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We all have times in our lives when we are really looking forward to some special event.  Maybe a wedding, the birth of a child, a graduation, promotion, or a vacation.  My youngest daughter, Kelly, will be three in June.  She is really looking forward to her birthday!  Her sister had a birthday in March, complete with cupcakes and pizza and a trip to Boing-Boing, a children’s play land in Oaxaca city, here in Mexico.  Her sister Sally received many gifts and Kelly cried because she received none.  We consoled her by telling her that her birthday was coming up, and then she would be the one receiving the gifts.  Since then, a few of her little friends have had birthdays, complete with all the trimmings and gifts, and Kelly knew that she just had to wait for her special day to arrive.  She is really looking forward to that day.  On any given day she can be heard singing “happy birthday” and eating pretend birthday cake and swinging a stick at imaginary pinatas.
How about you and me?  Is there anything that we are looking forward to that much?  According to St. Peter, there is a day coming that should excite us more than all the birthdays, holidays and vacations combined.  It’s called the “Day of the Lord”.

Peter writes about this Day in the last chapter of his second book.  This “Day of the Lord” is characterized by two things: one, the destruction of the heavens and the earth, and two, a new heaven and a new earth, the home of righteousness.  I think this is what Peter was really looking forward to.  In chapter two Peter describes some nasty stuff in this present world to indicate that this place is definitely not the home of righteousness.  He writes about false prophets, false teachers, destructive heresies, denying the Lord, depraved conduct, greed, exploitation, lawlessness, unrighteousness, corrupt desires of the flesh, arrogance, blasphemy, doing harm, carousing, adulterers, seducers, sinners, lovers of the wages of wickedness, lustful desires of the flesh, slaves of depravity, and people who turn their backs on God.  What a wretched stew pot this world is.  No wonder Peter says three times that he is looking forward to the destruction of this world, and the creation of a new world which will be the home of righteousness.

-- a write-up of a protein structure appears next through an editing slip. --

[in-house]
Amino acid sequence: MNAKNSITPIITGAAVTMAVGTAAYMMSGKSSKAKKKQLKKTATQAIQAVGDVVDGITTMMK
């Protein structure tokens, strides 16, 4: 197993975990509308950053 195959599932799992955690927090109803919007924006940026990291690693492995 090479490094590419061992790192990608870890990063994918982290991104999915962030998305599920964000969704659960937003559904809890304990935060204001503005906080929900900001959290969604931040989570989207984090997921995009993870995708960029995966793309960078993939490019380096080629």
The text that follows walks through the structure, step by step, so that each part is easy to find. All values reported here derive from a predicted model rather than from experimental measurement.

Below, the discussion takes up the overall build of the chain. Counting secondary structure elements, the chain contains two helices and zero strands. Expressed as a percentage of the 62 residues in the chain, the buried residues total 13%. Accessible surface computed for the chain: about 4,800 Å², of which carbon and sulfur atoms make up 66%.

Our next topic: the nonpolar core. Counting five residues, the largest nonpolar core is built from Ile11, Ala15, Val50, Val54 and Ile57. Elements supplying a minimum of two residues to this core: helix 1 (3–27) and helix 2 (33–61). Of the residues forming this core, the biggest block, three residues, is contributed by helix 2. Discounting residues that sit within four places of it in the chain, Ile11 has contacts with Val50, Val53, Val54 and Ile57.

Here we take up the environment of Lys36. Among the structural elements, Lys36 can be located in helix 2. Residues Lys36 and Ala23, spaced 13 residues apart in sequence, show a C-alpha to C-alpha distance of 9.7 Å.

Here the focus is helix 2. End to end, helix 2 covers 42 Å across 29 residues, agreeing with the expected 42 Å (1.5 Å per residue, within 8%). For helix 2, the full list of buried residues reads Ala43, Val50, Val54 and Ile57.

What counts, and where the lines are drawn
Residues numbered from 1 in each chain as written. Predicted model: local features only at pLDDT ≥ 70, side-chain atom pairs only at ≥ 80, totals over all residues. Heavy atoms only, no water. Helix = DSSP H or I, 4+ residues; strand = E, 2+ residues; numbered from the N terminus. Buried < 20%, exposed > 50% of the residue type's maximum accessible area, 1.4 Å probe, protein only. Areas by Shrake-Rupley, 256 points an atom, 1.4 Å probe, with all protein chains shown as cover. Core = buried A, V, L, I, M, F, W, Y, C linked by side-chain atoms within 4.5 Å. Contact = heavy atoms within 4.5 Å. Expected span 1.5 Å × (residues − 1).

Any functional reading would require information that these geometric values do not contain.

Me too!  I not only long to be free of the wickedness of this world, but the wickedness in me.  I know that if I look closely at my life, I can see elements in me, in my soul, of every thing Peter mentions, in my very being, and I hate it; I hate the struggle I face everyday against the world, my flesh, and the devil.  I hate it when I see on the news, or read in the paper’s of people being murdered, children being abused, the poor being taken advantage of.  I hate it when I see children with birth defects, when I hear of people dying of cancer, when I learn of loved ones suffering.

So what is God waiting for?  The world  of Noah was wicked, and God destroyed it by water.  Sodom and Gomorrah were wicked cities and God destroyed them by fire and brimstone.   The first century world and our world are full of evil, why doesn’t God go ahead and do it in?  Get it over with?